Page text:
One of the most common BVA errors is when it improperly affirms a denial of a Veteran (or a surviving spouse) request to reopen a claim.
A Veteran need only show 1 thing when they want to reopen a previously denied or final claim: that they have submitted New and Material Evidence in support of their claim.
1) What is “New Evidence”? New Evidence is anything that hasn’t been previously submitted to the VA.
2) What is “Material Evidence”? It is not enough that the evidence is simply “new”. The evidence needs to be “material”. One legal definition of “material” is that a particular piece of evidence ‘has a logical connection to a fact of consequence to the outcome of a case’.
Every lawyer spent several weeks in law school learning many nuances of the legal term-of-art “material”, and I don’t think I can teach you everything in one post. BUT, here is one tip that you can use to argue that your new evidence is material.
Step 1. Look to the ratings decision you are trying to reopen.
Step 2. See why the VA denied the claim (for example, lack of a current disability? lack of nexus to service? lack of evidence of an in-service event).
Step 3. If the new evidence you are submitting at least bears on that element of the claim, it is very likely material.
Keep in mind this fact: new evidence doesn’t have to necessarily be the “smoking gun” that wins the claim; it need only be material to the element for which the claim was previously denied.
Here are some examples:
1) Blue Water Vietnam Veteran’s claim for compensation for his Parkinson’s Disease is denied because of lack of evidence of exposure to Agent Orange.
After denial by VA Veteran obtains evidence that the ship he served on passed into the inland waterways of the Republic of Vietnam. This evidence IS material: not only to the issue of service-connection, but it could also be material to the issue of effective date.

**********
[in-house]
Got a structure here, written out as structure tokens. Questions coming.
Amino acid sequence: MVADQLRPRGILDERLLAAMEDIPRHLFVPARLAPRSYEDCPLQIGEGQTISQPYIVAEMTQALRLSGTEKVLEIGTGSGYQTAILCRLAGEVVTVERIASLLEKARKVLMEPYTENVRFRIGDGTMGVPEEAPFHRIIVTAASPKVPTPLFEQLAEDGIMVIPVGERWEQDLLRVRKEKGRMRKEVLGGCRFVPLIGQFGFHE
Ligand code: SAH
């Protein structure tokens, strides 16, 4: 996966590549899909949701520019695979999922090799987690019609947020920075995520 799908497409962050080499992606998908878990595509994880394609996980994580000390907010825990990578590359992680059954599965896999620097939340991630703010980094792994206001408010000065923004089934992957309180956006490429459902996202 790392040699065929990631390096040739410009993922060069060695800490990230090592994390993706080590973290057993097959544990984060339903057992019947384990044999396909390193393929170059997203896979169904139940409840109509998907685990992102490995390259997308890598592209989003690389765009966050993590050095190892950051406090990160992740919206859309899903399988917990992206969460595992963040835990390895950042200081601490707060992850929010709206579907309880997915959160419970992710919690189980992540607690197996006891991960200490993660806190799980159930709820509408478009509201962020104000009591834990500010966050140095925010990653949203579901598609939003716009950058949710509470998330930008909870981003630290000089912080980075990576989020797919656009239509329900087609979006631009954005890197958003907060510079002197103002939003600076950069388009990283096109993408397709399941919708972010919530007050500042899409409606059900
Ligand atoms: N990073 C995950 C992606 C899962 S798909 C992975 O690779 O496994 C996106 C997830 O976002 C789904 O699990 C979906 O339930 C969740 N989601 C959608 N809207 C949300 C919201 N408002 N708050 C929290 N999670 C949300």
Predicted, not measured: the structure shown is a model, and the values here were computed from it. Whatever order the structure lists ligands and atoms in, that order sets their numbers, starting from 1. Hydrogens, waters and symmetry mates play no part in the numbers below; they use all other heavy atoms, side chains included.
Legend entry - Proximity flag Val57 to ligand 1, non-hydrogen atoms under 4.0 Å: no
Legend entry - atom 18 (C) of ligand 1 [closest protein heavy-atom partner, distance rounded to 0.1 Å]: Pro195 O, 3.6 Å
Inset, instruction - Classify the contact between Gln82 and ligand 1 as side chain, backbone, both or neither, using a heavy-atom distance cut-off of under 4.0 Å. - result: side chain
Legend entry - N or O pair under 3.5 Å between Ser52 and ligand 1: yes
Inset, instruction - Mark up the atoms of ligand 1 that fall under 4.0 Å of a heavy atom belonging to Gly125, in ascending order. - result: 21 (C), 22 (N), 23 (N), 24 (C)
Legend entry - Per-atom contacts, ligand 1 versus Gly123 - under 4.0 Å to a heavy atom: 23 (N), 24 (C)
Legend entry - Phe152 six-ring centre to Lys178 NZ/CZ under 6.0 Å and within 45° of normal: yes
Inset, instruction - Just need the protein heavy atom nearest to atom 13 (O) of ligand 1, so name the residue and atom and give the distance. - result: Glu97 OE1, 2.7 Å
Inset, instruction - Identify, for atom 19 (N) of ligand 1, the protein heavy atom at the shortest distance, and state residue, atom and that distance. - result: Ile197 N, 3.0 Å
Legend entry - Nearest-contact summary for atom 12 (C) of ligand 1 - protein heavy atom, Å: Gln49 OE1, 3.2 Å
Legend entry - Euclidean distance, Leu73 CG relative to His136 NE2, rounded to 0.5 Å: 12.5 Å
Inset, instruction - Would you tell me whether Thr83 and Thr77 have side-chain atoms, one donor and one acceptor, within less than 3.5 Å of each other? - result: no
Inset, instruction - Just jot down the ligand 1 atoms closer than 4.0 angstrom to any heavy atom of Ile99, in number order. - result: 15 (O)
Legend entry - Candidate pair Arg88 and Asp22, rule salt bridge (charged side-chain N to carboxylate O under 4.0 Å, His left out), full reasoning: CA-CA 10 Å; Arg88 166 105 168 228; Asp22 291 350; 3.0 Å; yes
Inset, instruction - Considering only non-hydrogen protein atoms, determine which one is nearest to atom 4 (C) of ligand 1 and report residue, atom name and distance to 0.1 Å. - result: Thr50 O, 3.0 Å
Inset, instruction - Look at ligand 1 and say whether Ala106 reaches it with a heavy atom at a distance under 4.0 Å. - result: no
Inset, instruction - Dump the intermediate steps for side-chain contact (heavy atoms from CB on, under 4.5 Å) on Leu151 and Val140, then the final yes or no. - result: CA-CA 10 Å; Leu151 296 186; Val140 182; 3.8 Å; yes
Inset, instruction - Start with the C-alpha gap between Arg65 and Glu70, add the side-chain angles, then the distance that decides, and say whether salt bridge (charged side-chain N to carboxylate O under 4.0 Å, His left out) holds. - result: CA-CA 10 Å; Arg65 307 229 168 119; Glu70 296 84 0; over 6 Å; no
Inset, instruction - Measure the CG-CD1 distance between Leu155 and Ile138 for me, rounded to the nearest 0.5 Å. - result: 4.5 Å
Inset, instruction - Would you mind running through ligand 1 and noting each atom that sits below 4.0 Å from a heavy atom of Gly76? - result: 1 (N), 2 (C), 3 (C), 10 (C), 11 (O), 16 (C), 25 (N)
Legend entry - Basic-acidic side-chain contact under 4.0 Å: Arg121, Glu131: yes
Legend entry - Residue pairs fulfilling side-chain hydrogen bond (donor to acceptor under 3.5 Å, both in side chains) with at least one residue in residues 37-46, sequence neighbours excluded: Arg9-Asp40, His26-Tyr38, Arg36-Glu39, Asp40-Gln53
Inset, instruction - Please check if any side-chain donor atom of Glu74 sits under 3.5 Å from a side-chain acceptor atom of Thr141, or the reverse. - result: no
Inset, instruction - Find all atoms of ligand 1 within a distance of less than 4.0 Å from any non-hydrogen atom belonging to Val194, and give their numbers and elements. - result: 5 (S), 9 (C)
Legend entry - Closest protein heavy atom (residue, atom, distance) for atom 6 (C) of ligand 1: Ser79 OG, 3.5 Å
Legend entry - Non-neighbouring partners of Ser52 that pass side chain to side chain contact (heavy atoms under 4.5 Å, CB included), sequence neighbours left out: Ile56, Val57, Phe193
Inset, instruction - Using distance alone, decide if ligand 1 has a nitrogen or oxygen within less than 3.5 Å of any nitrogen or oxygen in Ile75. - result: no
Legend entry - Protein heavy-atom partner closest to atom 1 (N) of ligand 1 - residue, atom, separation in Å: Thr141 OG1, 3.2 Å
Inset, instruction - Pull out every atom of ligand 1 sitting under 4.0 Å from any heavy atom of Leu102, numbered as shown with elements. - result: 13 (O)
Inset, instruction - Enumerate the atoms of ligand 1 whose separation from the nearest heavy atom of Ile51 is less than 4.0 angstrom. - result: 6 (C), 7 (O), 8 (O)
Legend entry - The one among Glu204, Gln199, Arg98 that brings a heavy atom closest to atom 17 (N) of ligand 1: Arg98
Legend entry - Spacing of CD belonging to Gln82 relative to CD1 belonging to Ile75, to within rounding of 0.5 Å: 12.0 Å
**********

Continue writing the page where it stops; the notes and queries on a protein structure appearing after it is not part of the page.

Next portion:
2) Blue Water Vietnam Veteran’s claim for compensation for his Parkinson’s Disease is denied because of lack of evidence of exposure to Agent Orange; even while denying the claim, VA concedes the current diagnosis of Parkinson’s Disease.
After the denial, the Veteran obtains evidence that his Parkinson’s Disease is getting worse and he really needs help. This evidence is probably NOT material to the issue of service-connection, and might not yield reopening of the claim. (As always, though, there is more than one way to skin a cat when it comes to VA claims – always be sure you talk to a lawyer about your claim to reopen before you give up on or withdraw your appeal).
3) VA denies Surviving Spouse’s claim for DIC (Dependency and Indemnity Compensation) on grounds that there is no evidence that the Veteran died from a service-connected condition. Years later, the Surviving Spouse gets an expert medical opinion that shows that the Veteran’s death was the result of lung cancer that is attributable to his exposure to asbestos while serving in the military. This evidence IS material evidence.
4) VA denies Surviving Spouse’s claim for DIC (Dependency and Indemnity Compensation) on grounds that there is no evidence that the Veteran died from a service-connected condition. However, while denying the claim, VA concedes that the Veteran was exposed to asbestos in service.
Years later, the Surviving Spouse gets an buddy statement from the deceased Veteran’s co-worker who has physical evidence that proves the Veteran was involved in asbestos removal in a military installation.
This evidence is likely NOT material evidence: since the VA has already conceded asbestos exposure, any new evidence on this point is probably not material. (Although, keep in mind, there is more than one way to ‘skin a cat’ in a VA claim – in the above scenario, I might argue that the new facts about exposure call into question the validity of any prior medical opinions on nexus, as they didn’t consider the full extent of the exposure to asbestos.
(I always recommend that you talk to a lawyer if the VA denies reopening your claim for lack of new and material evidence).
Don’t despair if you have new evidence and the BVA has told you it is not material. Many times, evidence can be used to prove more than one thing. For example, evidence of an in-service event is frequently used to prove not only the in-service event, but also that a particular condition is related to military service.
It’s really important that you have a Veterans disability compensation attorney look at any BVA decision that denies a request to reopen a claim based on new and material evidence. Frequently, the BVA doesn’t always see the materiality – or even the newness – of the evidence.
If the BVA has denied your request to reopen a previously denied or final claim, Veterans should strongly consider appealing to the Court of Appeals for Veterans Claims (CAVC).